CHATTANOOGA, TN (WRCB) -
A ribbon cutting Friday brought a community together with its leaders, including Marion County Mayor David Jackson. He understands how much the new Highway 41 bridge means to the people here.
"I know they've struggled for the past couple years having to hit the interstate and go across," says Jackson. "It's also going to help the emergency services to respond quicker to this area."
The bridge stretches across Nickajack Lake, part of the Tennessee River. Wider lanes and shoulders make it safer than the old bridge.
But for Marion County native Madge Elizabeth Boggild, the old road is more than just a bridge--it's a memory. When it opened around 1930, her family was the first to cross it, in her father's Model-T truck. She was only 6 years old.
"There was just a quilt around the sides, and the people were sitting with their feet hanging off, and the children were in the center," recalls Boggild.
She also remembers her aunt's reaction.
"She got hysterical," says Boggild. "She was laughing and she was crying and I was thinking 'What's the big deal? This is exciting.' "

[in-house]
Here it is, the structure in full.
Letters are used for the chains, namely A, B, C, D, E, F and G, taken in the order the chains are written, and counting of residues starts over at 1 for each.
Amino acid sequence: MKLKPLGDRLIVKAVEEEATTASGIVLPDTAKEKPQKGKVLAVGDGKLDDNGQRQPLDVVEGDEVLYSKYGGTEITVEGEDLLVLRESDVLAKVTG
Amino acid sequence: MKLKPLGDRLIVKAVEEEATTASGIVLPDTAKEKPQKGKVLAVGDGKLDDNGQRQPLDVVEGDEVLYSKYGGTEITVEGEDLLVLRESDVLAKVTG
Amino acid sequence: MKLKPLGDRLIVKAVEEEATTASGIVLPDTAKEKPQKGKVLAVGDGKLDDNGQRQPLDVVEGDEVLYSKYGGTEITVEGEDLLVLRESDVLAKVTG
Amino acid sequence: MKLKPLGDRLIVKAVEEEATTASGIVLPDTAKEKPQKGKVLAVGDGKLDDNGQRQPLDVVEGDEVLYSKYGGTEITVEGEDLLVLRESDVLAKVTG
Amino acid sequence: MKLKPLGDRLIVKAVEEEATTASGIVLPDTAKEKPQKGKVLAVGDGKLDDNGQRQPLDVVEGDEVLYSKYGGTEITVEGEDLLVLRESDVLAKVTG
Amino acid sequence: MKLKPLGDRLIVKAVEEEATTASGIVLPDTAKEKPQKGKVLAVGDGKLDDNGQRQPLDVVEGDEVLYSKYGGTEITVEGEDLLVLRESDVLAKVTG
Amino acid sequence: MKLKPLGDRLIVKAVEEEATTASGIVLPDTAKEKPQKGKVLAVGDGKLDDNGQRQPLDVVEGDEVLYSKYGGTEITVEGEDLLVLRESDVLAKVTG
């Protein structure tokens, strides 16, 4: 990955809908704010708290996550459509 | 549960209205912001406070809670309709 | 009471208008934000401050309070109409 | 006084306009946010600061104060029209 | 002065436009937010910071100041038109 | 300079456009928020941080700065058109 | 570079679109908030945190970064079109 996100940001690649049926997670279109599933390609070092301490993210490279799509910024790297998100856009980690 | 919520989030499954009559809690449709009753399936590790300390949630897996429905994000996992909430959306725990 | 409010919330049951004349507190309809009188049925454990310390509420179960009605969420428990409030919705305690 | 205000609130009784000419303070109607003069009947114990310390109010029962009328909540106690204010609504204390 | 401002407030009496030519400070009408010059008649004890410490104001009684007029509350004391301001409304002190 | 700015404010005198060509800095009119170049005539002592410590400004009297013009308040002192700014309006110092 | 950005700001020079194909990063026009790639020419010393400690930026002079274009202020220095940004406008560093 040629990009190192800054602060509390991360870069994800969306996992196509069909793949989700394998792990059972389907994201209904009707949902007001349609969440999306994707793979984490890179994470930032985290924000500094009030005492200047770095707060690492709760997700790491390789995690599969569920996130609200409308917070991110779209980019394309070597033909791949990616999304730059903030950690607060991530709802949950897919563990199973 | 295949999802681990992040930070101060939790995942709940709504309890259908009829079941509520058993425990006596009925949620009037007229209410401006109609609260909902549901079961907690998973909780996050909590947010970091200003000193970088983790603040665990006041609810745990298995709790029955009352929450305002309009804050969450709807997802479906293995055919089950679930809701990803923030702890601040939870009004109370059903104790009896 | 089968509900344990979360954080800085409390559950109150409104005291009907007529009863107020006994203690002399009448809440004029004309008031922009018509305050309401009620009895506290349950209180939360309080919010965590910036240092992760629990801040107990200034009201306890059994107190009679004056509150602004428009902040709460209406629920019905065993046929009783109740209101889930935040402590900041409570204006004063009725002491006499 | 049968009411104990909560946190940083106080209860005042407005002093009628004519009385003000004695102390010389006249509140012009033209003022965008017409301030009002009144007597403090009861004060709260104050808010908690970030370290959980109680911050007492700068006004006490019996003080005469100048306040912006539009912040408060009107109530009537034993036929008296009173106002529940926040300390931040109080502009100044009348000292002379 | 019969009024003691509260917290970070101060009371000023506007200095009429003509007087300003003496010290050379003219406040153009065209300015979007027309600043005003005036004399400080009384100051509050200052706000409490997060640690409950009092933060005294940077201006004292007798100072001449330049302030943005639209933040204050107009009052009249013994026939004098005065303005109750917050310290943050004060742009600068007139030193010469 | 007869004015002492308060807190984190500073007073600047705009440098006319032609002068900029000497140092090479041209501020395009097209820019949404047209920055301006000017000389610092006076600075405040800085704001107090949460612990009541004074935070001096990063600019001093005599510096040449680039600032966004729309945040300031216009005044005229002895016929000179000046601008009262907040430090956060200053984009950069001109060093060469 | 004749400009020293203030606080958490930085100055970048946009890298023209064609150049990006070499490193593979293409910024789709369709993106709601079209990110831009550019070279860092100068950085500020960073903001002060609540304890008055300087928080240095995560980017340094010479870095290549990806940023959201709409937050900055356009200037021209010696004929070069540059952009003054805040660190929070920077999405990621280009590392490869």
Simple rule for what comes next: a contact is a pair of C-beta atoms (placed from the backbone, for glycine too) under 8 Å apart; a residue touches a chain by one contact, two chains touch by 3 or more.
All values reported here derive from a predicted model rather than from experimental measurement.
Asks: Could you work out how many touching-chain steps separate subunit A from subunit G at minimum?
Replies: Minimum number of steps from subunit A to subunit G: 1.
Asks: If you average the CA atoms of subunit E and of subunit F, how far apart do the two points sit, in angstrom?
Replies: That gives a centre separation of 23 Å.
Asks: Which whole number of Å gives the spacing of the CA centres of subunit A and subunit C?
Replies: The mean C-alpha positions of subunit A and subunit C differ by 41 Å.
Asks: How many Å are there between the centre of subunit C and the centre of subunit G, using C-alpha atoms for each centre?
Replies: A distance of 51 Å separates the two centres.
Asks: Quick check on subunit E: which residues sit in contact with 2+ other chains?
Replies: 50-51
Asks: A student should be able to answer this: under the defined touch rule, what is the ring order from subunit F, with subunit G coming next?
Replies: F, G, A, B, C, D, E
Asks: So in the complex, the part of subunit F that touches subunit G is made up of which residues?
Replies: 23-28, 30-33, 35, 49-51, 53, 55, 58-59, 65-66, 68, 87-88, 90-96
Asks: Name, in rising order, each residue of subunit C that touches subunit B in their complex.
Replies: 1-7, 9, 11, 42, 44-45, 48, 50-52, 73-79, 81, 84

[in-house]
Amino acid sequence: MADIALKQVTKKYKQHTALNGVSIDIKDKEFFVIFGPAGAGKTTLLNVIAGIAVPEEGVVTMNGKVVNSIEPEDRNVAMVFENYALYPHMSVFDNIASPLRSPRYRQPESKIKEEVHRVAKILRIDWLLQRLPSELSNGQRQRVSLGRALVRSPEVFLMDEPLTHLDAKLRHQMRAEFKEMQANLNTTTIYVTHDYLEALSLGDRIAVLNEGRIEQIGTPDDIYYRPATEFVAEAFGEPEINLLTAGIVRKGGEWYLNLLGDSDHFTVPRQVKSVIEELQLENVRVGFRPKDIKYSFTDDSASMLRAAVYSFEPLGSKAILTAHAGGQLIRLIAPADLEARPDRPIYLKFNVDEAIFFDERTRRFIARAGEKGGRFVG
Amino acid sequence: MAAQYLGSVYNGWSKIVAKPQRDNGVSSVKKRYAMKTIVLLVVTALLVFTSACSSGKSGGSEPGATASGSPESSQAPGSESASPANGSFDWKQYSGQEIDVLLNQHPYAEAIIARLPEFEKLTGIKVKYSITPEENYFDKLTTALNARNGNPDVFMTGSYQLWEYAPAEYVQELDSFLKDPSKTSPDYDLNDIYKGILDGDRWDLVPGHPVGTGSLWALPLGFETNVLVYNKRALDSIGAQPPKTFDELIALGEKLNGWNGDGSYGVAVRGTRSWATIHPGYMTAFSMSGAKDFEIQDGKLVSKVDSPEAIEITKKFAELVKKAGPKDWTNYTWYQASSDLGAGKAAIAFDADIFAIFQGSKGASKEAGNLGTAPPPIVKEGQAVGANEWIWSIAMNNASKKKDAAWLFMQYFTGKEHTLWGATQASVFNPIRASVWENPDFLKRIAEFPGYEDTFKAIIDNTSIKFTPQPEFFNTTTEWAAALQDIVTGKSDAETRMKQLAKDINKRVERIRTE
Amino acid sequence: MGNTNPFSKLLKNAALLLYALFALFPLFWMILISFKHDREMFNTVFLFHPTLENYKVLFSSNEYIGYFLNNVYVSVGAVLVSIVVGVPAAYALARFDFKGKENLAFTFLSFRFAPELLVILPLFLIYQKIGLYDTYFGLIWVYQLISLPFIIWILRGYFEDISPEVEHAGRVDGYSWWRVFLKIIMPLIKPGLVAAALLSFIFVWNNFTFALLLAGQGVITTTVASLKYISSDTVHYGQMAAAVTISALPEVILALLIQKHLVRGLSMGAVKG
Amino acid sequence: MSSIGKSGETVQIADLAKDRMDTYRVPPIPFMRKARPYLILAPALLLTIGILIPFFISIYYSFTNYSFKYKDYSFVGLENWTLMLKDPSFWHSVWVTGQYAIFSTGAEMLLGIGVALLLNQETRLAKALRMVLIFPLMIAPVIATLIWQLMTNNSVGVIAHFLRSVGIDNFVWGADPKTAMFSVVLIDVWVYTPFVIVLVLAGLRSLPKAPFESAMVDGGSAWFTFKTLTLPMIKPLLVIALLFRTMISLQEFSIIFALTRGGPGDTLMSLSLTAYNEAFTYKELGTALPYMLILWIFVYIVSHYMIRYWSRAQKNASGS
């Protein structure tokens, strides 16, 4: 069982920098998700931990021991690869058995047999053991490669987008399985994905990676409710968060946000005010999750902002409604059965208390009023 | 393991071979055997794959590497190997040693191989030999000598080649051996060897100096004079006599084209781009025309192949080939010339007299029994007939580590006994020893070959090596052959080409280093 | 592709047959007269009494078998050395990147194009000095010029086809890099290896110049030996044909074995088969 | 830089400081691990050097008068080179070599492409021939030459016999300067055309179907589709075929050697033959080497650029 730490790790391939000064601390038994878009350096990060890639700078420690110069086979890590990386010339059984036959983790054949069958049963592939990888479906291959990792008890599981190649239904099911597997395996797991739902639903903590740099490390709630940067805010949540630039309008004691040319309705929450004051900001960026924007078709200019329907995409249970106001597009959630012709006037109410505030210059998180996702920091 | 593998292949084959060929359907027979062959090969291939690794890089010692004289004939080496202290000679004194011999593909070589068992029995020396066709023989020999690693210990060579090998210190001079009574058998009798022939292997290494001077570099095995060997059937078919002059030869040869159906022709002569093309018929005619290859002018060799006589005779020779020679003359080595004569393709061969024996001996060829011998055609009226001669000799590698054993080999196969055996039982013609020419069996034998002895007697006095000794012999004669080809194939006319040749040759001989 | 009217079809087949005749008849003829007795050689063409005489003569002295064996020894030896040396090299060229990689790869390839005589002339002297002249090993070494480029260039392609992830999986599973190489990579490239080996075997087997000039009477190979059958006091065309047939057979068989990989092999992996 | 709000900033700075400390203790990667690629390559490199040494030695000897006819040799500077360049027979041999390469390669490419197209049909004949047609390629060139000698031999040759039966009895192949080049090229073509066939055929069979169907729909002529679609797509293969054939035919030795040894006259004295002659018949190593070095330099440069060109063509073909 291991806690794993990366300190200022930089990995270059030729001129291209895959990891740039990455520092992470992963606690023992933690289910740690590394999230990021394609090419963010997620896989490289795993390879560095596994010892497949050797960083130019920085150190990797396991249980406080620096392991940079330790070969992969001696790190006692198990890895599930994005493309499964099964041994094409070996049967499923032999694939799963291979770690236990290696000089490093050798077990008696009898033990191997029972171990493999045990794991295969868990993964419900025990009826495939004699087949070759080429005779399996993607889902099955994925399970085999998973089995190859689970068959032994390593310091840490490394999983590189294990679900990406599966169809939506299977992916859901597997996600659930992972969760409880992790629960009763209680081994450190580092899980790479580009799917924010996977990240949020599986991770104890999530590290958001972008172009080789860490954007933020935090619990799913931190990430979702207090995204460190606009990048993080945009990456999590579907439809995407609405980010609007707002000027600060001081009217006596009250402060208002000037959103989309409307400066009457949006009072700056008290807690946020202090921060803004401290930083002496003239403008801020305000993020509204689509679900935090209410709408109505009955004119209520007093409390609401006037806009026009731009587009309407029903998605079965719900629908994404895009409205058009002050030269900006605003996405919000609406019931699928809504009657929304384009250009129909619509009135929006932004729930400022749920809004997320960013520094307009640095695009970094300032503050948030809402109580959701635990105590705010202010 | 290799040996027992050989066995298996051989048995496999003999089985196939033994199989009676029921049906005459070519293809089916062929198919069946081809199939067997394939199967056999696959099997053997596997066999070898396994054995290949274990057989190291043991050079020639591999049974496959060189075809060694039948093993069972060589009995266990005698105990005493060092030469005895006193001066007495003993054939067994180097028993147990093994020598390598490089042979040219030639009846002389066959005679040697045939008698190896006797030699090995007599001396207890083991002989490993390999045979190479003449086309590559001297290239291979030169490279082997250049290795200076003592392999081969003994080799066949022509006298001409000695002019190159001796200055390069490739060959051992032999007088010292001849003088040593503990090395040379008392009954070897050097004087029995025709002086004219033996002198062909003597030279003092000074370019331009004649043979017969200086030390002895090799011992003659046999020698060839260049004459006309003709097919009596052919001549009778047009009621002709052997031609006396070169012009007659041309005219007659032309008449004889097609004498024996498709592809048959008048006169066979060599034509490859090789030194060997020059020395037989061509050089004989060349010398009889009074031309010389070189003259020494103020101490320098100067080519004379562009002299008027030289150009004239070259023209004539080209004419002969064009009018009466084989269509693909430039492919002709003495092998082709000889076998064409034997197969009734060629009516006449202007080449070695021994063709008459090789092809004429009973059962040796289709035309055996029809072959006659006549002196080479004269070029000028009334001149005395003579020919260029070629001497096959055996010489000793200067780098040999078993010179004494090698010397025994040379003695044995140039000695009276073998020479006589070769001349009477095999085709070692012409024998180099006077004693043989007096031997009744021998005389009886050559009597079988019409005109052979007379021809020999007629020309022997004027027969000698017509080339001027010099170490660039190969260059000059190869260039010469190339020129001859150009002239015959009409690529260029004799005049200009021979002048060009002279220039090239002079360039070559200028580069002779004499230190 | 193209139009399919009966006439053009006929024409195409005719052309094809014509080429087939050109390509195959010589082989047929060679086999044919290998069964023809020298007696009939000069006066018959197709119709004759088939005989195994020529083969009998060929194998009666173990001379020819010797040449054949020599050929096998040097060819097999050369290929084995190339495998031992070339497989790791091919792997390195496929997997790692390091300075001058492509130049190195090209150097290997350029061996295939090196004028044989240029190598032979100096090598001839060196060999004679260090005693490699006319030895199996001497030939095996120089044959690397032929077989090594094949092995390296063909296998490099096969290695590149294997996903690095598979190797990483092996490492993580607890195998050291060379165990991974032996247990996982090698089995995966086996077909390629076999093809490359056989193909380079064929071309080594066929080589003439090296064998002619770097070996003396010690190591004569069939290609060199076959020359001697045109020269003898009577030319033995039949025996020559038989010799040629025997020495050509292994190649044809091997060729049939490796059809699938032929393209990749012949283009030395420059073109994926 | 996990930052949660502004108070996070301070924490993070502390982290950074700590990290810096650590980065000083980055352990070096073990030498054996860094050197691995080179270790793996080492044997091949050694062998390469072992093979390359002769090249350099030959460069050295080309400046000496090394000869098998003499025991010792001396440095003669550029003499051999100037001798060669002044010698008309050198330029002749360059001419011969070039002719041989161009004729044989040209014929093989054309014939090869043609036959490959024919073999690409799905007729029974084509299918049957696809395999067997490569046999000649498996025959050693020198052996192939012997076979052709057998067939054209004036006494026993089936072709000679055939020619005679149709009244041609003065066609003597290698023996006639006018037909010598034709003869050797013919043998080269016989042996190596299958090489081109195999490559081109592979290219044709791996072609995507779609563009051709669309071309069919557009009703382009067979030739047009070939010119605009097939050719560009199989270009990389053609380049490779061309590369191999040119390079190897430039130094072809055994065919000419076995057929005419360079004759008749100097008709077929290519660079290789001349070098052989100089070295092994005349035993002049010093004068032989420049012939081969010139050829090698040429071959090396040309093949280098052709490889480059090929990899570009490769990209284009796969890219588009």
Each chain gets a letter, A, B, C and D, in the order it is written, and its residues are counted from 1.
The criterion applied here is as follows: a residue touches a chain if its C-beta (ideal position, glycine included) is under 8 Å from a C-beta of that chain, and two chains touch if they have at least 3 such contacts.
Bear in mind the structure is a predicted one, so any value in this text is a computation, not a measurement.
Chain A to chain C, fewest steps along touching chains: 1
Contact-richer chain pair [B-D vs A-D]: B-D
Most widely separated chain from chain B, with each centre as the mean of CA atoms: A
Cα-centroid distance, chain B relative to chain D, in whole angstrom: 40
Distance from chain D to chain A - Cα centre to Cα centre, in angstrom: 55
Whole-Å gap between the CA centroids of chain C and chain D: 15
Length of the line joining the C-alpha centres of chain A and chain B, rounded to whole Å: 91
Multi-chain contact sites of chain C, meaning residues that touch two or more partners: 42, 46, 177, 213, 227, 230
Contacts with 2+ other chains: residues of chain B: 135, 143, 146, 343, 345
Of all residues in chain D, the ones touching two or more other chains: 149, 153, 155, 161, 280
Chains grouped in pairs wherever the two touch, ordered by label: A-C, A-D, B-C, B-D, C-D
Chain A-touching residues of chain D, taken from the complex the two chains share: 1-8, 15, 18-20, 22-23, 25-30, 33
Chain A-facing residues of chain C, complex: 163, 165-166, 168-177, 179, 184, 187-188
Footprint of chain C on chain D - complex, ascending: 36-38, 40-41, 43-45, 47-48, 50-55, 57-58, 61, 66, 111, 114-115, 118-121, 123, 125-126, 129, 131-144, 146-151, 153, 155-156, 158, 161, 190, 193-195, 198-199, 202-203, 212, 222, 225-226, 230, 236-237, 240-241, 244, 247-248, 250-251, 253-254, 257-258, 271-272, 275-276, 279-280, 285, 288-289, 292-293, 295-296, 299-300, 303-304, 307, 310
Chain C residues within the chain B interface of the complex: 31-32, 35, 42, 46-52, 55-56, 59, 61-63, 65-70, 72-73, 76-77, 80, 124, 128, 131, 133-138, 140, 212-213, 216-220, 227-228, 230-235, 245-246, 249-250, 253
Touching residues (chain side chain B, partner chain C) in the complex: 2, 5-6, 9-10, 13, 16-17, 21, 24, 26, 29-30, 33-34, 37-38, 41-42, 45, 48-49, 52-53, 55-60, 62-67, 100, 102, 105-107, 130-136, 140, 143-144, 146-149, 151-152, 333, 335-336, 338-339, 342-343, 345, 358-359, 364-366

Boggild made history again in early 2012, becoming the last person to cross the old bridge before it closed. While she's proud of the new bridge, Boggild says it'll take a while to get used to it. The old one, right along-side it, has a special place in her heart and will likely be torn down.
"It's going to be different. I'm going to miss the big 'Ks' on there for my maiden name which was Knight," says Boggild, describing the truss design.
While her fond memories of the old structure remain intact, she'll miss that character its design.
Boggild was excited to make history for a third time when, on Friday, she became first person to cross the new bridge. But she's fighting to save the old one for the sake of history.
"We're not going to give up until the fat lady sings," states Boggild.
The old bridge, according to the Tennessee Department of Transportation (TDOT), is unsafe and is expected to be demolished. But that might not happen for several months, TDOT officials say. The plan was to convert it into a walking bridge, but the agency says it doesn't have the money to do this. It could cost several million dollars.
Wednesday, August 23 2017 11:49 PM EDT2017-08-24 03:49:44 GMT
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